The Passage


About The Passage

An underexposed post-punk band from Manchester, England, the Passage were distinguished by the poetic, probing intellectualism of leader Richard "Dick" Witts, and a preference for assaultive keyboards and synthesizers in place of guitars. When the band took shape in 1978, it was a secondary concern for both Merseyside Arts Association officer and Granada TV presenter Witts as well as Fall bassist Tony Friel, who were joined by keyboardist Lorraine Hilton. Near the end of the year, after a handful of gigs -- including one for which the trio headlined over Joy Division -- they made their recorded debut, as simply Passage, with New Love Songs, released on hometown label Object Music. After that four-song EP and the like-sized About Time, a 1979 follow-up produced by the Flying Lizards' David Cunningham, the lineup gradually dwindled to Witts, who added a definitive article to the band's name and further explored his experimentalist streak on first full-length Pindrop. The album went to number ten on the U.K. indie chart in 1980. Drummer Joe McKechnie, guitarist Andrew Wilson, and second vocalist Lizzy Johnson subsequently joined Witts for performances and studio work. This lineup recorded the 1981 single "Devils and Angels," the first release on the band's Virgin-distributed Night & Day label. As a trio without the departed Johnson, the Passage shortly thereafter issued another single, as well as the album For All & None. McKechnie split, but Witts and Wilson carried on, signed to Cherry Red, and made "Taboos," their 7" debut for that label, by the end of 1981. Third album Degenerates followed in 1982 with Paul Mahoney on drums and "XOYO" as a preceding lead single -- one of the band's most pop-oriented moments, somewhere between contemporaneous Soft Cell and Travelogue-era Human League. Extensive touring abroad and within the U.K. was broken up later in 1982 with the "Waves" single. Mahoney departed and was replaced with McKechnie. Enflame arrived in 1983 as the band's fourth and final album and became their third Top Ten indie entry. A BBC session for Janice Long -- which followed three earlier ones for John Peel -- was their last time in a studio together. Witts, who had also been involved with the BBC as presenter of Oxford Road Show and reported for BBC Radio 3, became a professional musicologist. He has authored the books Nico: The Life and Lies of an Icon and The Velvet Underground, and has lectured at several universities. Friel, McKechnie, Wilson, and Mahoney have been involved with a variety of separate musical pursuits. All four Passage albums were expanded and reissued by the LTM label in 2003. ~ Andy Kellman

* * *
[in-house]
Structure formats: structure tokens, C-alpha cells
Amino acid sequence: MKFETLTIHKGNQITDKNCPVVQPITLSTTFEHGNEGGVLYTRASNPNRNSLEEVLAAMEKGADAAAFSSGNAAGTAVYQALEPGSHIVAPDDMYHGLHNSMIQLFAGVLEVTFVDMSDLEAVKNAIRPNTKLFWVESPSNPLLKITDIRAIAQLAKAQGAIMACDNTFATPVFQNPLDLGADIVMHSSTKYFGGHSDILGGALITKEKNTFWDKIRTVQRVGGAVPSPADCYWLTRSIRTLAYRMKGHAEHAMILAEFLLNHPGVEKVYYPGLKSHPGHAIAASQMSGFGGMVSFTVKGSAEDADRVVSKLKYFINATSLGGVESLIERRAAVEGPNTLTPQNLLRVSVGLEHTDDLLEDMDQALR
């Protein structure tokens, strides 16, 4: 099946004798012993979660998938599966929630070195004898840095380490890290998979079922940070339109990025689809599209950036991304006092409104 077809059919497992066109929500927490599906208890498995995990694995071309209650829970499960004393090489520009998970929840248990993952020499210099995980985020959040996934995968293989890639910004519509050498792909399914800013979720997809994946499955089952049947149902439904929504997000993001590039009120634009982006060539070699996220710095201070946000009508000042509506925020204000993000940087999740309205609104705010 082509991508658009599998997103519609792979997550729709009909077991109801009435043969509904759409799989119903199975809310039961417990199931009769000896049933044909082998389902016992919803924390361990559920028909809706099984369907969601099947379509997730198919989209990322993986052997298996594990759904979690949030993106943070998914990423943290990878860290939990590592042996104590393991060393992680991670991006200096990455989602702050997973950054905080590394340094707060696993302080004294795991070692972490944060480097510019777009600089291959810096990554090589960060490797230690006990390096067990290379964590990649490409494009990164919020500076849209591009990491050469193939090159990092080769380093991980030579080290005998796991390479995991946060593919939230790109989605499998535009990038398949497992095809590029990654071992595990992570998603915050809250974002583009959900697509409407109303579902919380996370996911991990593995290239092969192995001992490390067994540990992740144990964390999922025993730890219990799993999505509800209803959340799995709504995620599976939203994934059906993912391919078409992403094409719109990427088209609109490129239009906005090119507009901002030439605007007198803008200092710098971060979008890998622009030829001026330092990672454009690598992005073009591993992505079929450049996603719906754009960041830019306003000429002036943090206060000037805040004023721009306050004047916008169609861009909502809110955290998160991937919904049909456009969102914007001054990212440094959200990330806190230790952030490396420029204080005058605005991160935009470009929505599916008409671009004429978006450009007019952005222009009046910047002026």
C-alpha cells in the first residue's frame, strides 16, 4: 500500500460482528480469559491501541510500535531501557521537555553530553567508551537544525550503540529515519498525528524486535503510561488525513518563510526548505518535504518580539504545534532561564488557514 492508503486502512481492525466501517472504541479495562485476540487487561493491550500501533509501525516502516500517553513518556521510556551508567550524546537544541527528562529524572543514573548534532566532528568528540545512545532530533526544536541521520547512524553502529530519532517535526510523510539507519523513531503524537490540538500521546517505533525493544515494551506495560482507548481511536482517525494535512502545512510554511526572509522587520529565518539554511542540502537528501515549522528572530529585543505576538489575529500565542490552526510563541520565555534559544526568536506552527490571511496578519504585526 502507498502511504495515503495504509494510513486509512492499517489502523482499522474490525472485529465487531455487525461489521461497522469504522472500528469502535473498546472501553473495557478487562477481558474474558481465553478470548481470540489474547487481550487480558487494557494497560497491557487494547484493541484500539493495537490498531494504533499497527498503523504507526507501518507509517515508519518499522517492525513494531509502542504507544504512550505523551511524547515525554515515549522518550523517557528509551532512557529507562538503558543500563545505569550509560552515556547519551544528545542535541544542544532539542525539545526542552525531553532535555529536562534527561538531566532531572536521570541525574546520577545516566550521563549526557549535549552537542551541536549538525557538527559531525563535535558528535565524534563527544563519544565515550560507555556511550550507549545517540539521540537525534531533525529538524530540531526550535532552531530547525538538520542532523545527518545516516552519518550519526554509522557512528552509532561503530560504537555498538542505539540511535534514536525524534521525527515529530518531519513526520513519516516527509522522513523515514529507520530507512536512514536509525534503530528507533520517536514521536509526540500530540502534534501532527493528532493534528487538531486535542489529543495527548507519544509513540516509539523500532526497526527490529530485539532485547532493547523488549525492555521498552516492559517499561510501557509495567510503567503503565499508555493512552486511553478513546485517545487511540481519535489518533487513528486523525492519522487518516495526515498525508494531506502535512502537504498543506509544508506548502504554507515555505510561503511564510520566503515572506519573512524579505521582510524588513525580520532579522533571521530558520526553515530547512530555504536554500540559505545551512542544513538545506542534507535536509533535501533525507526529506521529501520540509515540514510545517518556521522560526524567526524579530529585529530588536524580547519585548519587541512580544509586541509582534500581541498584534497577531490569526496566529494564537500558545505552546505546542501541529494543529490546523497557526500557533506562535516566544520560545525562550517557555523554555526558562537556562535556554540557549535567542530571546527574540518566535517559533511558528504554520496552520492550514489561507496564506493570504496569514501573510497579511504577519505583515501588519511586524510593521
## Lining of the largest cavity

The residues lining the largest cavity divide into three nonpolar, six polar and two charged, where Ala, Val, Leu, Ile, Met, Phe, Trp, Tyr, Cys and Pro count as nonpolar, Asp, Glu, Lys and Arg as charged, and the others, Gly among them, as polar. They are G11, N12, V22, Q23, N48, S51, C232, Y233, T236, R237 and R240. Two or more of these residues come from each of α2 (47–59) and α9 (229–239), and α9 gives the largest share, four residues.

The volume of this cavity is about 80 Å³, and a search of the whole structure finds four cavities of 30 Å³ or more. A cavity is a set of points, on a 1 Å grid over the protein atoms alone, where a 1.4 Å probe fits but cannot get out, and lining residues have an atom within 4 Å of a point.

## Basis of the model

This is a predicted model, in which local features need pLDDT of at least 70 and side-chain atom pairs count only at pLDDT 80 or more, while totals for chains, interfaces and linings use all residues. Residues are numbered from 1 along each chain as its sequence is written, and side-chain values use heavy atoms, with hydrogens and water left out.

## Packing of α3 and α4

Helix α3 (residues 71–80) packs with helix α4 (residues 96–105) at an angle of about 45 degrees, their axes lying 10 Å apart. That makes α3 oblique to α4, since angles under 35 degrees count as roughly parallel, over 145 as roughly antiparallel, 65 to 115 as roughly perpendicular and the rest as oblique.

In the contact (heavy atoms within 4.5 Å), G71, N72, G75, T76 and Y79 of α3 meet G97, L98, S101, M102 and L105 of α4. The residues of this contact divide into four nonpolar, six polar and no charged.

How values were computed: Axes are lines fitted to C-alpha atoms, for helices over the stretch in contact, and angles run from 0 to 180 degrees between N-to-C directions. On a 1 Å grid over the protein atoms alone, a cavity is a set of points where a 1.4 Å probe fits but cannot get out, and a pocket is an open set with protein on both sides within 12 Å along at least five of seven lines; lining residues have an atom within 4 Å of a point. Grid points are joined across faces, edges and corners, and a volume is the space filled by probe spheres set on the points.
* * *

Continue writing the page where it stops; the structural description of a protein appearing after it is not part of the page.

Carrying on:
Manchester, England
March 1978

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